Conservatives ardently support the founding American principles, which some think require hands-off government. However, if that is true, things look pretty bleak because people generally have rejected that idea.  In fact, they have rejected that since the election of 1912, when two progressives and a socialist got 75 percent of the vote against constitutionalist William Howard Taft.  This rejection may stretch back even to 1860, when the party of Lincoln stood for government action through tariffs, subsidization of railroads, creation of colleges to extend learning and subsidization of settlement of the West through the Homestead Act instead of the laissez-faire policies of the southern and the northern Democrats. 

If American principles require hands-off government, American principles have not been part of our politics for a very long time.  But I don't think that's what American politics and principles require-I think that's a parody of what America and American conservatism means.  I think the harder question is, "Can 1980s-era conservatism win in the future?"

Effectively, Mitt Romney ran by paying lip service to the Reagan platform of lower taxes, higher defense spending, traditional values, and dealing with social spending by nibbling around the edges and not touching core entitlements for people anywhere near voting age.  That coalition was not founded on hands-off government.  Rather, it was founded on the idea of limiting government growth without returning to the pre-New Deal era.

In sections, that coalition still wins, but nationally, it does not win. It does not win because that coalition's success in the '80s, '90 and ‘00s was due to what I call benign neglect of the entitlement-welfare state.  Conservatives could ignore reducing this state because economic growth allowed us to neither shrink nor dramatically expand these programs while allowing us to cut taxes and run small but prudent deficits. Economic growth allowed us to avoid the political question on which Goldwater stumbled - it allowed conservatives to strike conservative themes without repealing the New Deal.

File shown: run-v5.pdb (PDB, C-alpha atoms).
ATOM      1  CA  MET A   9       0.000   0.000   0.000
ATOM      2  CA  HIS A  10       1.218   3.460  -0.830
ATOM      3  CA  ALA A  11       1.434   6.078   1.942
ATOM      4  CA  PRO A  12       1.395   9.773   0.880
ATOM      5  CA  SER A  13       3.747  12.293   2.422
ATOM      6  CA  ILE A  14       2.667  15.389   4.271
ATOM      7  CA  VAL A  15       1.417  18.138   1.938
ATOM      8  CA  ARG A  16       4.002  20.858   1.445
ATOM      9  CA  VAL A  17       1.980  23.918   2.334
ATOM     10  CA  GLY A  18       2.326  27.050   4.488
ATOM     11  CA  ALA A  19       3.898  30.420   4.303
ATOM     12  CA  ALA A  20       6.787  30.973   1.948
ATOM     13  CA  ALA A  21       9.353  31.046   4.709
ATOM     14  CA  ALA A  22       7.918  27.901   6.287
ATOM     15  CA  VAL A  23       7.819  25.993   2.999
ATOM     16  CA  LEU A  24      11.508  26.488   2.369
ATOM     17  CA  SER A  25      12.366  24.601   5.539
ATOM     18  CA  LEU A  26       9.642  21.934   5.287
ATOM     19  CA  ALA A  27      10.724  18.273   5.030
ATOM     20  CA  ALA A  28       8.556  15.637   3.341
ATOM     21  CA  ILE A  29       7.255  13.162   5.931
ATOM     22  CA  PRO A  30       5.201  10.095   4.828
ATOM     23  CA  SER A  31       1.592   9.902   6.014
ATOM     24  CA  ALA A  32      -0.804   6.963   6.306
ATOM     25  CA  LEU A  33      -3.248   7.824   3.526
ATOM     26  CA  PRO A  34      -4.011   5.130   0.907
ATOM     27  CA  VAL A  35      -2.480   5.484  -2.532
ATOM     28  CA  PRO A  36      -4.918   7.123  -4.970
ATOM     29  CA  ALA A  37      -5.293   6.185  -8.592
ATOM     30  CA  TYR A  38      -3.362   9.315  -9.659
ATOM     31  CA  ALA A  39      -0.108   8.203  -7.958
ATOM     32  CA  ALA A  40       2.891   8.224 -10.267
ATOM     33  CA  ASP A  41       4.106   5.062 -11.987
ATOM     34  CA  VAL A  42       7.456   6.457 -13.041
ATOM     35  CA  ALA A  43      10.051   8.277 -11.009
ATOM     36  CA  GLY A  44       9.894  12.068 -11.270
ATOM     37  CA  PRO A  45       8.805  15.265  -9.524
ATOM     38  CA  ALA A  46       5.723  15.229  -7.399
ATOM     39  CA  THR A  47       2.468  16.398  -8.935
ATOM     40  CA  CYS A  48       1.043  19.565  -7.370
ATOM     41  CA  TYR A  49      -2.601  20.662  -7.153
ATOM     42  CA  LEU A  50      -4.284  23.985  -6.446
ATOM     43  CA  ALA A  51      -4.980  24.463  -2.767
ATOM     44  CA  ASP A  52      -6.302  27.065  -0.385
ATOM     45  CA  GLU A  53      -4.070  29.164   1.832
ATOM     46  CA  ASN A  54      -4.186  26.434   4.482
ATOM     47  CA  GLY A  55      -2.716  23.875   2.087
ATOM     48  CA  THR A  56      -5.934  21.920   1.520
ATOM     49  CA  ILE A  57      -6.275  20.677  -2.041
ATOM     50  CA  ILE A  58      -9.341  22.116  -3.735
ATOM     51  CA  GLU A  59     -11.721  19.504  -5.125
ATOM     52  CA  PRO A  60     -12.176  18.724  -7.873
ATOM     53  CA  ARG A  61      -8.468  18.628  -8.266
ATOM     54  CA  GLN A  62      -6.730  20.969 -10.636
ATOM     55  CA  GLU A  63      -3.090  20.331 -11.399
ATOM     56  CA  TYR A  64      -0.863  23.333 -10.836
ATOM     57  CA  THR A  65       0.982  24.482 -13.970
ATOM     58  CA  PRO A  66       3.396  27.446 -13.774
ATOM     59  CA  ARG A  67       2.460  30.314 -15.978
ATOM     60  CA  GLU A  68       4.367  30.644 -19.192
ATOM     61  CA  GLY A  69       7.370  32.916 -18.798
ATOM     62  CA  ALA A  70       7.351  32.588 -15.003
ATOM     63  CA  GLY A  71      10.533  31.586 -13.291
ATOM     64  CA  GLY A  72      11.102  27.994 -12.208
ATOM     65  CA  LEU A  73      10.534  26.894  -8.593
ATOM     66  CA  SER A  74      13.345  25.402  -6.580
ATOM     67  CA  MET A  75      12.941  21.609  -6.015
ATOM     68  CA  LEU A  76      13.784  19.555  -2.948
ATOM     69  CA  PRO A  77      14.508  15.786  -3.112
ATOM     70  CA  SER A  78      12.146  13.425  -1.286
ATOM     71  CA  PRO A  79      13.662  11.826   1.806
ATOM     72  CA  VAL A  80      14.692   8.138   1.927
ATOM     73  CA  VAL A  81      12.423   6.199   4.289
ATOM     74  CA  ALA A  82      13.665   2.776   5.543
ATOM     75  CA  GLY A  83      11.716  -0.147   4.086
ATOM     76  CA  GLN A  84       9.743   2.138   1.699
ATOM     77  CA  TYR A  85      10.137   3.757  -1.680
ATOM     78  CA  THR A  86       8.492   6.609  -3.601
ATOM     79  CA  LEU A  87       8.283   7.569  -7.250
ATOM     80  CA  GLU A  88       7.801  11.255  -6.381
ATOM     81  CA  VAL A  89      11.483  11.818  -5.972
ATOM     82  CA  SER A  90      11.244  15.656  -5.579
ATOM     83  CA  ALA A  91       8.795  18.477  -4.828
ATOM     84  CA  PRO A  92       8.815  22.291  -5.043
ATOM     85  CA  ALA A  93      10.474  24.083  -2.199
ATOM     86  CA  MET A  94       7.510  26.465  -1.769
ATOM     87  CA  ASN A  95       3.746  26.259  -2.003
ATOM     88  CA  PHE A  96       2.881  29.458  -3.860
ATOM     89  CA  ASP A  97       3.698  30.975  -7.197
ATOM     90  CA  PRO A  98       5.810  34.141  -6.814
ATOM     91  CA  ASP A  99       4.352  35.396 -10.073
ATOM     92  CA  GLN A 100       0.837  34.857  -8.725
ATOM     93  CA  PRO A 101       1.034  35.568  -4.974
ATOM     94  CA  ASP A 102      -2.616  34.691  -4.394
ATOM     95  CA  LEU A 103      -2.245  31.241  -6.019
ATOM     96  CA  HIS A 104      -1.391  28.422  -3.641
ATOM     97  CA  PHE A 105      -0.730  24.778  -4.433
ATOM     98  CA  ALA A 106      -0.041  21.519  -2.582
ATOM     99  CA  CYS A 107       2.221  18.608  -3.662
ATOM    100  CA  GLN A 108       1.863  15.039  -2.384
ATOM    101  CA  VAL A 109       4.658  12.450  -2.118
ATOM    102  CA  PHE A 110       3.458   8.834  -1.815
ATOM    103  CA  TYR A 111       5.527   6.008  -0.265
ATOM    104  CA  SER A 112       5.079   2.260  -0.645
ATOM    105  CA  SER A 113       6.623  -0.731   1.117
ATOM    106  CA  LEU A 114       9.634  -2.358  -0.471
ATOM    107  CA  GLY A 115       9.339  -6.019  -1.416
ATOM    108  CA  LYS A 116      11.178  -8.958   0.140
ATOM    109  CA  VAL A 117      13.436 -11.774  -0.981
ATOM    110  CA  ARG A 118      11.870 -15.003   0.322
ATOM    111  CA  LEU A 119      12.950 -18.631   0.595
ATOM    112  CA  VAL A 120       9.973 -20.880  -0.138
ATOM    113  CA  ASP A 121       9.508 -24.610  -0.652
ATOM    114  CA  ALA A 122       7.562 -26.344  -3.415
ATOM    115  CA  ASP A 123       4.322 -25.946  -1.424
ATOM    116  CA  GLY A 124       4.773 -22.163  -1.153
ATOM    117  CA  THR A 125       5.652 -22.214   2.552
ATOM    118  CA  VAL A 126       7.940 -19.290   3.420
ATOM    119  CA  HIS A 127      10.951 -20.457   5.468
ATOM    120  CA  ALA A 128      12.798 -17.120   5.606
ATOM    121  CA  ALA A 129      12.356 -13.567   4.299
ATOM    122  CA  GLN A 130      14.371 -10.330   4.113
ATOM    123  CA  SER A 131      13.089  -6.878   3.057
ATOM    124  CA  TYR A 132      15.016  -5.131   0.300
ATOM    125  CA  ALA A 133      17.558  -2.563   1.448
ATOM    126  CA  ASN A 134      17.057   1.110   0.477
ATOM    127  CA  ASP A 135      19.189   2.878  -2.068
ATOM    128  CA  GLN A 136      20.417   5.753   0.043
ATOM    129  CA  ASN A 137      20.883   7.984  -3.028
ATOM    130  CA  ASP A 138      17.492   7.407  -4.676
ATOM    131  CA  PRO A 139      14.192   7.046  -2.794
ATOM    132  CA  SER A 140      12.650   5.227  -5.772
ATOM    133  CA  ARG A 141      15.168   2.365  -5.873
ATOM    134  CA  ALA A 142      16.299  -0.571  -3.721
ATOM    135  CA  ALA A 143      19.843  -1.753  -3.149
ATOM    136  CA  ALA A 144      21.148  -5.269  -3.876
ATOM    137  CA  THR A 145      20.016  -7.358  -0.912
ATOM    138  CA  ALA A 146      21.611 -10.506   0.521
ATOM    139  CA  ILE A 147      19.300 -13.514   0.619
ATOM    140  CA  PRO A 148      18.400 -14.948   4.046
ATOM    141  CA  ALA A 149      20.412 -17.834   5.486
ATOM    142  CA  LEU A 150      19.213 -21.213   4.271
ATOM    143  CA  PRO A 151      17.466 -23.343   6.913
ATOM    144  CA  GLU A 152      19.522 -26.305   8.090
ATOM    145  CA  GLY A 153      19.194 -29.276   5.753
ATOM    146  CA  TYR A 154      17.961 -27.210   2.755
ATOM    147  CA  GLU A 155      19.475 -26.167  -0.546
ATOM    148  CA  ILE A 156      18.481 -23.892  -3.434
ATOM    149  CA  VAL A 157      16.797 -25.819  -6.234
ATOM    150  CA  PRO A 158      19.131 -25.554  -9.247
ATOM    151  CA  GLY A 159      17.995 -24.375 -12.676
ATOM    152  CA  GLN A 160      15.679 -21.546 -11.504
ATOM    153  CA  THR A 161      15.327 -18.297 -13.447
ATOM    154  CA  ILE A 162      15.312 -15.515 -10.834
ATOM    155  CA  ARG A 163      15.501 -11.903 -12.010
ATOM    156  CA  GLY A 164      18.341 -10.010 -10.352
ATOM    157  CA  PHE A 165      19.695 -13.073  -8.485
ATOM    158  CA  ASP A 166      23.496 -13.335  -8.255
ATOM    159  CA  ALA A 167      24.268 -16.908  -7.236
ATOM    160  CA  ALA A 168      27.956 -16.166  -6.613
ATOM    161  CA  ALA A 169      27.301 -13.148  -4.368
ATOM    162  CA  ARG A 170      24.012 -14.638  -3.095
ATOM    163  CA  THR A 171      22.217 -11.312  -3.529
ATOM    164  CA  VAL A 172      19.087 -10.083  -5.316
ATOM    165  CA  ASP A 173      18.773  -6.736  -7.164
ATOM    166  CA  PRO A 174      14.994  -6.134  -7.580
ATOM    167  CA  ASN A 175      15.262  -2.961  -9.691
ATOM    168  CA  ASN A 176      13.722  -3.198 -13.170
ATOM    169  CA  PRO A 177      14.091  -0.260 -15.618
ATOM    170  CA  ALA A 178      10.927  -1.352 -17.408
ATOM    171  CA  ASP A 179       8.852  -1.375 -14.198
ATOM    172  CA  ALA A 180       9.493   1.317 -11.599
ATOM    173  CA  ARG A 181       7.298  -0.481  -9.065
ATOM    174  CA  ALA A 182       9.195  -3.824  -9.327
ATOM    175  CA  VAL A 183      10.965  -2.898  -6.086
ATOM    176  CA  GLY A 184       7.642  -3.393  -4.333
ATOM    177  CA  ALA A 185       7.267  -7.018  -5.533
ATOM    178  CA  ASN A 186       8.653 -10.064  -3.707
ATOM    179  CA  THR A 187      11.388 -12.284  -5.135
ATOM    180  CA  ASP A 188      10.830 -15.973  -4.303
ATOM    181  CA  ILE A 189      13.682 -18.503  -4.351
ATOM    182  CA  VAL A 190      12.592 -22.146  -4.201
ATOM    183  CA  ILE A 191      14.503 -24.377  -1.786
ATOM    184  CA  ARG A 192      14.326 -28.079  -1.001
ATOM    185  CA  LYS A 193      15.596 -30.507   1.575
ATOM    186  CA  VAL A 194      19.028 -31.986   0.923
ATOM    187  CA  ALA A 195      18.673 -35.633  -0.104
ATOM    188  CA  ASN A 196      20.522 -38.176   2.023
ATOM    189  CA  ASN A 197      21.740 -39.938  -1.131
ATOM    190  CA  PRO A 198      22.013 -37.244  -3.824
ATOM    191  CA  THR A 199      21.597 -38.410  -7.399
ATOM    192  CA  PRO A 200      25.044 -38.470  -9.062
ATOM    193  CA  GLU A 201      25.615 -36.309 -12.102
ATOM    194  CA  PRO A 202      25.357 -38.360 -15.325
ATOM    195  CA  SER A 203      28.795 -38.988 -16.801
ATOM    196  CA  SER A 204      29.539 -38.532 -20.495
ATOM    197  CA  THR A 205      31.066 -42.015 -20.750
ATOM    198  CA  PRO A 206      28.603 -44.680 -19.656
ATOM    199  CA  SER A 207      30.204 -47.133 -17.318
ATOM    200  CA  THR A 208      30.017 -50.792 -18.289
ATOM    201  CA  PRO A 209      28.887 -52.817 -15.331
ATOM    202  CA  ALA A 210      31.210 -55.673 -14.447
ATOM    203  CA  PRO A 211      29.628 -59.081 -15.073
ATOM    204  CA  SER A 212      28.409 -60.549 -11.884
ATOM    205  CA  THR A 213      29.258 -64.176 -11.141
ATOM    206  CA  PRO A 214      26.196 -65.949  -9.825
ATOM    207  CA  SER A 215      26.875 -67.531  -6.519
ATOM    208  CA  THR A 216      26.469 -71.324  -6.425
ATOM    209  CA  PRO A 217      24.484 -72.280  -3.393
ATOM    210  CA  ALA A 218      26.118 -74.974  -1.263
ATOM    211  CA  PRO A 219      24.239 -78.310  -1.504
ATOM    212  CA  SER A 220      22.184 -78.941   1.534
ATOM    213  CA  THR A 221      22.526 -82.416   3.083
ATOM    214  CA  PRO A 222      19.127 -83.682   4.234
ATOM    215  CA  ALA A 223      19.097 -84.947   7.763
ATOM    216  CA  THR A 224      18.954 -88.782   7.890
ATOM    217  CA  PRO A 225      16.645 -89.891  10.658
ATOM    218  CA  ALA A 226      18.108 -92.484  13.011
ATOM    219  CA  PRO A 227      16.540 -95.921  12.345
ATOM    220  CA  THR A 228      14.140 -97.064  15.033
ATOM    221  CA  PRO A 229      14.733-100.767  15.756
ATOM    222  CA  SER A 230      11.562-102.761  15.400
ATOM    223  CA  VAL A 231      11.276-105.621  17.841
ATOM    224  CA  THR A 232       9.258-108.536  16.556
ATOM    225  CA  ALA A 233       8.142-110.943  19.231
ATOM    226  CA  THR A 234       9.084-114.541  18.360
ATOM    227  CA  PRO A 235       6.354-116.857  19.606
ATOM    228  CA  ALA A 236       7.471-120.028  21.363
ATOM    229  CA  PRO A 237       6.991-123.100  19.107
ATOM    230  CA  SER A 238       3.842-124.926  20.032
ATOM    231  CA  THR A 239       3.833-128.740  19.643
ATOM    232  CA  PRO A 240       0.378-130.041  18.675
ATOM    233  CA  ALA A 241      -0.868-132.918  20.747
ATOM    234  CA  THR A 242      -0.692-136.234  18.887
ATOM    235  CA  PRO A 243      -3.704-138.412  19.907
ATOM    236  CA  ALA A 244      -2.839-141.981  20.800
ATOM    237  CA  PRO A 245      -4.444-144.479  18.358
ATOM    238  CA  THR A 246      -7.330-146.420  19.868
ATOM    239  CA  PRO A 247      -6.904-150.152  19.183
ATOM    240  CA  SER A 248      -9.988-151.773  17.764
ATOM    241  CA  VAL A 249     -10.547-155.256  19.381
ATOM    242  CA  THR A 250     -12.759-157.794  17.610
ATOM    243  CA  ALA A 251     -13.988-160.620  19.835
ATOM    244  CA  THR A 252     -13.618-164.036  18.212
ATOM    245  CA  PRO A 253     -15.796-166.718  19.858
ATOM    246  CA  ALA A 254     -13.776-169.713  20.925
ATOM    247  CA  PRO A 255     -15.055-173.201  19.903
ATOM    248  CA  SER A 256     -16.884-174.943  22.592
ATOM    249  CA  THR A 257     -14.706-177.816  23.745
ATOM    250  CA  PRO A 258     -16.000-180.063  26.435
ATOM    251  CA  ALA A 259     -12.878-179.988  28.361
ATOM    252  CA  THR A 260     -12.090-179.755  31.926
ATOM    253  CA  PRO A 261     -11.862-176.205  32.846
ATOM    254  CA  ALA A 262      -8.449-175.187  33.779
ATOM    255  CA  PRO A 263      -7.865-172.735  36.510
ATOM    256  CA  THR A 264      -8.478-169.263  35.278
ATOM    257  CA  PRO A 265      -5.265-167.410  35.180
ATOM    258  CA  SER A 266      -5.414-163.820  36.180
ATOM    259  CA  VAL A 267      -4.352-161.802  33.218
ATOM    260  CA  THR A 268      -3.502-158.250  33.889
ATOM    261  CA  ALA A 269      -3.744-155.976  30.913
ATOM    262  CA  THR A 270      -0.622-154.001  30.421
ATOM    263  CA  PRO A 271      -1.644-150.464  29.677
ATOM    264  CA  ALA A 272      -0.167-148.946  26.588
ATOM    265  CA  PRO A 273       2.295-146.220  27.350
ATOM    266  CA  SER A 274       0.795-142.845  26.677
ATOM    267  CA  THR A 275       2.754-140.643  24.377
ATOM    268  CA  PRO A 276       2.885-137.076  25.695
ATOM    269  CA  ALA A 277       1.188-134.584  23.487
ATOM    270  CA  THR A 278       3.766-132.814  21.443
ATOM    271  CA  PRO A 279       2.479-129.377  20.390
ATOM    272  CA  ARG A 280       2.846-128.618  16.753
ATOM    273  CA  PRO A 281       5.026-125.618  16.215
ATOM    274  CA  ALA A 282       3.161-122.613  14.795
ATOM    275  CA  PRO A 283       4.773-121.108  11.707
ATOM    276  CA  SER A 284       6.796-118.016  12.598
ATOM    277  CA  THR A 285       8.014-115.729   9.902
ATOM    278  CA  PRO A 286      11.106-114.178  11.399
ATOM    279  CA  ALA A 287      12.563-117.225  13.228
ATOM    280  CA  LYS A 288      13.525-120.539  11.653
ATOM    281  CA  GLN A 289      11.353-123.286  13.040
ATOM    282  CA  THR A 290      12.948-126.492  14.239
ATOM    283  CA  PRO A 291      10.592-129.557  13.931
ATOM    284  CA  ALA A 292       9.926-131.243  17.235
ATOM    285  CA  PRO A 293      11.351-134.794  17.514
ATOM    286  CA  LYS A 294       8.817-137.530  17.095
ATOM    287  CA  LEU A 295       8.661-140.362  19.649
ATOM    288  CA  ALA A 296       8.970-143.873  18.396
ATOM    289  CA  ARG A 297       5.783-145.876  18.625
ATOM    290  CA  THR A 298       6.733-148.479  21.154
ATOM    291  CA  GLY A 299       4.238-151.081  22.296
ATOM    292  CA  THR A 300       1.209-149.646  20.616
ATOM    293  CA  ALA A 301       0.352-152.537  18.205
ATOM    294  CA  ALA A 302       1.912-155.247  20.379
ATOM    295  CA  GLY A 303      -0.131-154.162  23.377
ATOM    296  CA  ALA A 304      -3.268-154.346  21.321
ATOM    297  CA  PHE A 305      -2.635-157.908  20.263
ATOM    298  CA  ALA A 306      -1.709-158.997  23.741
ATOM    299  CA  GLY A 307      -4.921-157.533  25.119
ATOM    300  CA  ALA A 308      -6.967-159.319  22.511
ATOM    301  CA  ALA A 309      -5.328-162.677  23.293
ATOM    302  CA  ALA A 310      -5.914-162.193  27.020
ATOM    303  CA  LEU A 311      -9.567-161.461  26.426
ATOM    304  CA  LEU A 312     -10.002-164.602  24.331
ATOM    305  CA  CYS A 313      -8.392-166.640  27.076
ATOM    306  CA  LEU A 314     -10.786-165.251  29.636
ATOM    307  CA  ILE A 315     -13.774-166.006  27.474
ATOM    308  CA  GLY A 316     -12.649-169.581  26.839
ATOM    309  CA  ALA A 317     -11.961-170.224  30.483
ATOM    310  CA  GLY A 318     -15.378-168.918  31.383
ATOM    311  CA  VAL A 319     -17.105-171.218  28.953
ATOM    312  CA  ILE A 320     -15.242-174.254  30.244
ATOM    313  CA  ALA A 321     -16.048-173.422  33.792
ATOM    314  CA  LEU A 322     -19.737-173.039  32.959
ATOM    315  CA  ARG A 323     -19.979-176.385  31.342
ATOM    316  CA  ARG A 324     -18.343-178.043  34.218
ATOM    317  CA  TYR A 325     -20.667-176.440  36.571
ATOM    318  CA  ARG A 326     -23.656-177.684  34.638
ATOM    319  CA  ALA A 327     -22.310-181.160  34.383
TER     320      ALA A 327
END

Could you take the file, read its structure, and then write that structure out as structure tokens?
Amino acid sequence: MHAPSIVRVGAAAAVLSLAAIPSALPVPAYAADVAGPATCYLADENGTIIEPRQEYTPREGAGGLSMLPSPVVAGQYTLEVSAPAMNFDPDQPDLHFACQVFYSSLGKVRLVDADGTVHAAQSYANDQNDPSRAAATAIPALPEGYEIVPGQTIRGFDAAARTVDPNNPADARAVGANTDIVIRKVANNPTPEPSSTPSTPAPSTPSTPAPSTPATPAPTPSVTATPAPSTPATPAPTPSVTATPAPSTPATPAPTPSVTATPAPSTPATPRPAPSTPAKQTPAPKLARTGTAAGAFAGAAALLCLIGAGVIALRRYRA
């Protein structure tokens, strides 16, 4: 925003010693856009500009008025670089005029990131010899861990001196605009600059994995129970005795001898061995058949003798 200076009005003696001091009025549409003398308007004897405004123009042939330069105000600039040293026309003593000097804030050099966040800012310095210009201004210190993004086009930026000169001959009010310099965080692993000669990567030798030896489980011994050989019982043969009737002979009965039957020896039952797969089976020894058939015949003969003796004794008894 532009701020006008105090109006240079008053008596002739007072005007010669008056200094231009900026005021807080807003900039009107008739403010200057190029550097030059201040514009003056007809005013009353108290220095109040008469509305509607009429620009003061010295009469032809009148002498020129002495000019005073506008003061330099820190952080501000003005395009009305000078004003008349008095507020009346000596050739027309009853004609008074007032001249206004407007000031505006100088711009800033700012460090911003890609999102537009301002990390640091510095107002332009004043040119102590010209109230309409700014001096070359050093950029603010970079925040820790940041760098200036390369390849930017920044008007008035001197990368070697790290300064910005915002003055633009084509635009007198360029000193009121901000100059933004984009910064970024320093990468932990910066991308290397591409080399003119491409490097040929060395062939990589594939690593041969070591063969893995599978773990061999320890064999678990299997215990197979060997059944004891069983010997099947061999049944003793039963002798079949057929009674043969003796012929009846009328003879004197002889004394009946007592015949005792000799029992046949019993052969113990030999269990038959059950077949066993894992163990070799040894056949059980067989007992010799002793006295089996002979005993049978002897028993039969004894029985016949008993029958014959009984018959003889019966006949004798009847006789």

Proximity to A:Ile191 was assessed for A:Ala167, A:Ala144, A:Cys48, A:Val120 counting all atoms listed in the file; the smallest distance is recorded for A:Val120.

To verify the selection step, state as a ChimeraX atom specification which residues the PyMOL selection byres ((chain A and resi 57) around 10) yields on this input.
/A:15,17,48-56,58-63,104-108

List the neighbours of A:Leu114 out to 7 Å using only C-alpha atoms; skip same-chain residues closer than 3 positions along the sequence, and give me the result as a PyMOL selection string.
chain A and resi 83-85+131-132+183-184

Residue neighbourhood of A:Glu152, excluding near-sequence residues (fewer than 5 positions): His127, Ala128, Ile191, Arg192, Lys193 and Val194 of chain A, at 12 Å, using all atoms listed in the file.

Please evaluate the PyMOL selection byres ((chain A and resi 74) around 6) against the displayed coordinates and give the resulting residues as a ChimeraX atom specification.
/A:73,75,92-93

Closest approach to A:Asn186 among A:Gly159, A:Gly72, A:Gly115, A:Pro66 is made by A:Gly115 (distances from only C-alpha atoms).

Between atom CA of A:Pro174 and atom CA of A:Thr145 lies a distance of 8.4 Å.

That's no longer a tenable option.  It's no longer a tenable option because the changes in our economy are generating a bimodal income distribution, with some families moving up and other families moving down.  The middle class is hollowing out.  Though people are on average better off, there are more people in the lower middle class and more people in the working class.  That creates demand for public services. 

It's also untenable because of our fiscal crisis.   It's now impossible to limit borrowing to a prudent amount without touching some aspect of the entitlement-welfare state or dramatically increasing taxes.  The conservative coalition has to choose between these two options-a choice it hasn't made in 32 years-and it's having a difficult time. 

This reality creates huge political problems for conservatives.  When Americans are forced to choose between taxing someone else and cutting their benefits-if those are the only two choices they have -they will choose to tax somebody else to preserve their benefits.  That is effectively the choice that was presented in 2012 and that's why we have higher taxes on wealthier individuals instead of significant spending cuts.